In nature, plants often form communities with other species, even engaging in behavior that attracts certain species able to provide nutrients, protection or repair that the community needs. For centuries, farmers and gardeners have recognized that some species provide benefits to another when grown together and have tried to replicate these natural synergies in their own gardens. Cilantro, an early-summer herb used for its leaves and its seeds—called coriander—provides benefits to other plants grown in its vicinity.
Beneficial insects, such as small wasps and ladybugs, act as natural predators of pests like aphids that afflict garden plants. However, because the mouthparts of many beneficial insects are so small, many flowers are too large for them to reach the nectar they seek. Plants with clusters of small flowers—like cilantro, which grows bunches of tiny, white flowers in late June—attract beneficial insects that will protect nearby plants as well.
If you've ever stood downwind from a growing clump of cilantro, you know that it has a very strong and distinctive odor, one that some people find unpleasant. Bugs, it seems, do as well. Coriander seeds are used in some natural insecticides, and the plant itself repels aphids. "Rodale's Ultimate Encyclopedia of Organic Gardening" recommends pairing cilantro with spinach. The former will repel aphids that attack the tender young spinach leaves.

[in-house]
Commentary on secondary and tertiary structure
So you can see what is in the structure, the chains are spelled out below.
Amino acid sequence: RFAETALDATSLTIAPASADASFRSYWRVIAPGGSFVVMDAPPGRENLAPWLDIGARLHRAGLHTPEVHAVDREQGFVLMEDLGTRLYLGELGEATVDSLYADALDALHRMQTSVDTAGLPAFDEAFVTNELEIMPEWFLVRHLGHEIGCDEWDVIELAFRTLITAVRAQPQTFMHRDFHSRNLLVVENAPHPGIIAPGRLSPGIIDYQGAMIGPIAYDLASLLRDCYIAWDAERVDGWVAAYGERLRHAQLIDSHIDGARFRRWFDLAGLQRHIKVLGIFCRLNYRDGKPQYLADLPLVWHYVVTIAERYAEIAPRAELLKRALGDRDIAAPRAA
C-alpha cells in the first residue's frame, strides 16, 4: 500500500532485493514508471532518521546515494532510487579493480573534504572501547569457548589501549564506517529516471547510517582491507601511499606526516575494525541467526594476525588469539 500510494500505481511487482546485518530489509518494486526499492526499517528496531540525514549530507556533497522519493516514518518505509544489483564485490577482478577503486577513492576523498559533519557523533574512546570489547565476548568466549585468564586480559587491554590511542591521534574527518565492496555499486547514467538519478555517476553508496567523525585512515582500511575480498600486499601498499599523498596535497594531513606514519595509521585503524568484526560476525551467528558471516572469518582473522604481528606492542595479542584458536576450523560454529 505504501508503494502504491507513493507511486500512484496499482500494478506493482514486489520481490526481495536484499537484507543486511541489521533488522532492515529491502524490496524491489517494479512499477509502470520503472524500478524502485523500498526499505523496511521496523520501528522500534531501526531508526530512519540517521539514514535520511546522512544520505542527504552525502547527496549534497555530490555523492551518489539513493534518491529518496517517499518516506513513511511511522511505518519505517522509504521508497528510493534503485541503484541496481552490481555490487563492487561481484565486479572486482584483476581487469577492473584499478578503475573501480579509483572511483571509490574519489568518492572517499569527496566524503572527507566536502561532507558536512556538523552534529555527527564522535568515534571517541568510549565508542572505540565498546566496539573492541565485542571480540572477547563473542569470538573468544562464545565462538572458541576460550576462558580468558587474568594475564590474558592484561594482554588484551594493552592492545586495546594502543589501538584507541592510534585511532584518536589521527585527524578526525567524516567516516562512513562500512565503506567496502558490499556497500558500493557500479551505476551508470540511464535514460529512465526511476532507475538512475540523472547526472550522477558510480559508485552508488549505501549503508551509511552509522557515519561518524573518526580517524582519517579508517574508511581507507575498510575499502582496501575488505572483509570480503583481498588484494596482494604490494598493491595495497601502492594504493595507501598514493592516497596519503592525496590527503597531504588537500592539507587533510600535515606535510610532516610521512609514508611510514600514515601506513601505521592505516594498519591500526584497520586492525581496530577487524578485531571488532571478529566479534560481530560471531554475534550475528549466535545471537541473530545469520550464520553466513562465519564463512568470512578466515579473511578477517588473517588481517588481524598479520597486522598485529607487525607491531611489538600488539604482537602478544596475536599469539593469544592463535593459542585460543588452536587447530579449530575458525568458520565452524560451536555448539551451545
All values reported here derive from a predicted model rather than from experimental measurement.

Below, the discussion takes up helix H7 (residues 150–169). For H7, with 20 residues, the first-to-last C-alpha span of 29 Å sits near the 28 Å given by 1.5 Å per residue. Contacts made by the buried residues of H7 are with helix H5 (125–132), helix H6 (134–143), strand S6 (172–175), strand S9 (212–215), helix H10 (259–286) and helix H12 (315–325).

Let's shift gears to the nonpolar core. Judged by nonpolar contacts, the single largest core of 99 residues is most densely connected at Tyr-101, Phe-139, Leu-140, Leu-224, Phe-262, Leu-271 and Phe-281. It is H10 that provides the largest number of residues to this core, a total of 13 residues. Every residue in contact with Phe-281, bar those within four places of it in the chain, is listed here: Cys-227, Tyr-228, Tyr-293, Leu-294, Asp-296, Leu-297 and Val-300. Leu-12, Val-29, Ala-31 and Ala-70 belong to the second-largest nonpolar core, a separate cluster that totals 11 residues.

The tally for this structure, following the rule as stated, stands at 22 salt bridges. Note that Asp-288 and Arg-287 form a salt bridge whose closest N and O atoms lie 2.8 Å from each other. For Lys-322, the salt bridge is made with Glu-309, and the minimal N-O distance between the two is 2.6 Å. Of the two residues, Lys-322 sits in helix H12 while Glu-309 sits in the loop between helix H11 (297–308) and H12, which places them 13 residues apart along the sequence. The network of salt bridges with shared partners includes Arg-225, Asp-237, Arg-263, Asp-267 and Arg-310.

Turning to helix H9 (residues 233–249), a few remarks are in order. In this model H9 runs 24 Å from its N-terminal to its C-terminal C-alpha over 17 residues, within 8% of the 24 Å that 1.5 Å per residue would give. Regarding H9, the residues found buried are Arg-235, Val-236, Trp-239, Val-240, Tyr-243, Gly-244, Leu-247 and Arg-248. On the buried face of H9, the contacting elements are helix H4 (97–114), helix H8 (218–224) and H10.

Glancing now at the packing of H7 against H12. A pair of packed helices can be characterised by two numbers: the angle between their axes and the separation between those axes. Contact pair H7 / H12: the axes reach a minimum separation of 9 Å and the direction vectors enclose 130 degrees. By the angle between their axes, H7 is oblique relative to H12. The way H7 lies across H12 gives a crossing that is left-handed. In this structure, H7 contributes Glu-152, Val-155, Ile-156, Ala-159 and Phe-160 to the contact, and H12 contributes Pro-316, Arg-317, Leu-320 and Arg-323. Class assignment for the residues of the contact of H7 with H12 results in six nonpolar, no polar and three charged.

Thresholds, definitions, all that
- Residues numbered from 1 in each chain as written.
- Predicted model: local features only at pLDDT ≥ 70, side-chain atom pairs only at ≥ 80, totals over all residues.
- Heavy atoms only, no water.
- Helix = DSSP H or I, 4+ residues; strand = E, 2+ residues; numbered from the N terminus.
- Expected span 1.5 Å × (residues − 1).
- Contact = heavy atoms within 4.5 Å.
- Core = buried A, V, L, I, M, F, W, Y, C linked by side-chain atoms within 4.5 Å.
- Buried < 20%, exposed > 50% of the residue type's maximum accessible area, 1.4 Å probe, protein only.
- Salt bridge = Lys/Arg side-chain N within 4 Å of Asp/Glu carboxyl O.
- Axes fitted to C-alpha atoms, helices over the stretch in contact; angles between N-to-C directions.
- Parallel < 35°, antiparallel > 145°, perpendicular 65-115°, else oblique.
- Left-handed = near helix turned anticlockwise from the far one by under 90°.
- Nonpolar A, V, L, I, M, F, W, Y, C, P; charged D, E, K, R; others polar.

The National Sustainable Agriculture Information Service recommends achieving higher yields by planting species together that complement each other spatially. For example, cilantro grows rapidly into a tall, narrow plant. It can be used to provide shade or wind protection to smaller, shade-loving or tender plants. NSAIS, for example, notes that tall plants can disorient squash bugs and prevent them from finding squash and pumpkins.
Cilantro matures rapidly and, by late June, is ready for harvest. If left alone, the plant will yellow and drop its seeds, continuing to provide shade or a windbreak if you are using it for that purpose. However, when planning your garden, consider that the place you allot for cilantro will be available again by the middle of the summer, in time to sow the seeds for your autumn vegetables.
Gardeners classify plants as heavy, medium and light feeders depending on how many nutrients the plant drains from the soil during a growing season. Cilantro, like most herbs, is a light feeder. Sally Jean Cunningham, author of "Great Garden Companions," recommends rotating heavy feeders with legumes that restore nutrients and light feeders that will give the soil a chance to recover its nutrients.
Cilantro helps anise germinate and form stronger heads on the plant. Avoid planting cilantro with fennel, as it will inhibit the formation of the seeds, one of the prized parts of the plant and, of course, essential for fennel's ability to self-sow.
- "The Secret Life of Plants"; Peter Tompkins and Christopher Bird; 1989
- National Sustainable Agriculture Information Service: Companion Planting—Basic Concepts and Resources
- "Rodale's Ultimate Encyclopedia of Organic Gardening"; Fern Marshall Bradley, Barbara W. Ellis, and Ellen Phillips, editors; 2009
- Plants for a Future: Coriander
- "Great Garden Companions"; Sally Jean Cunningham; 1998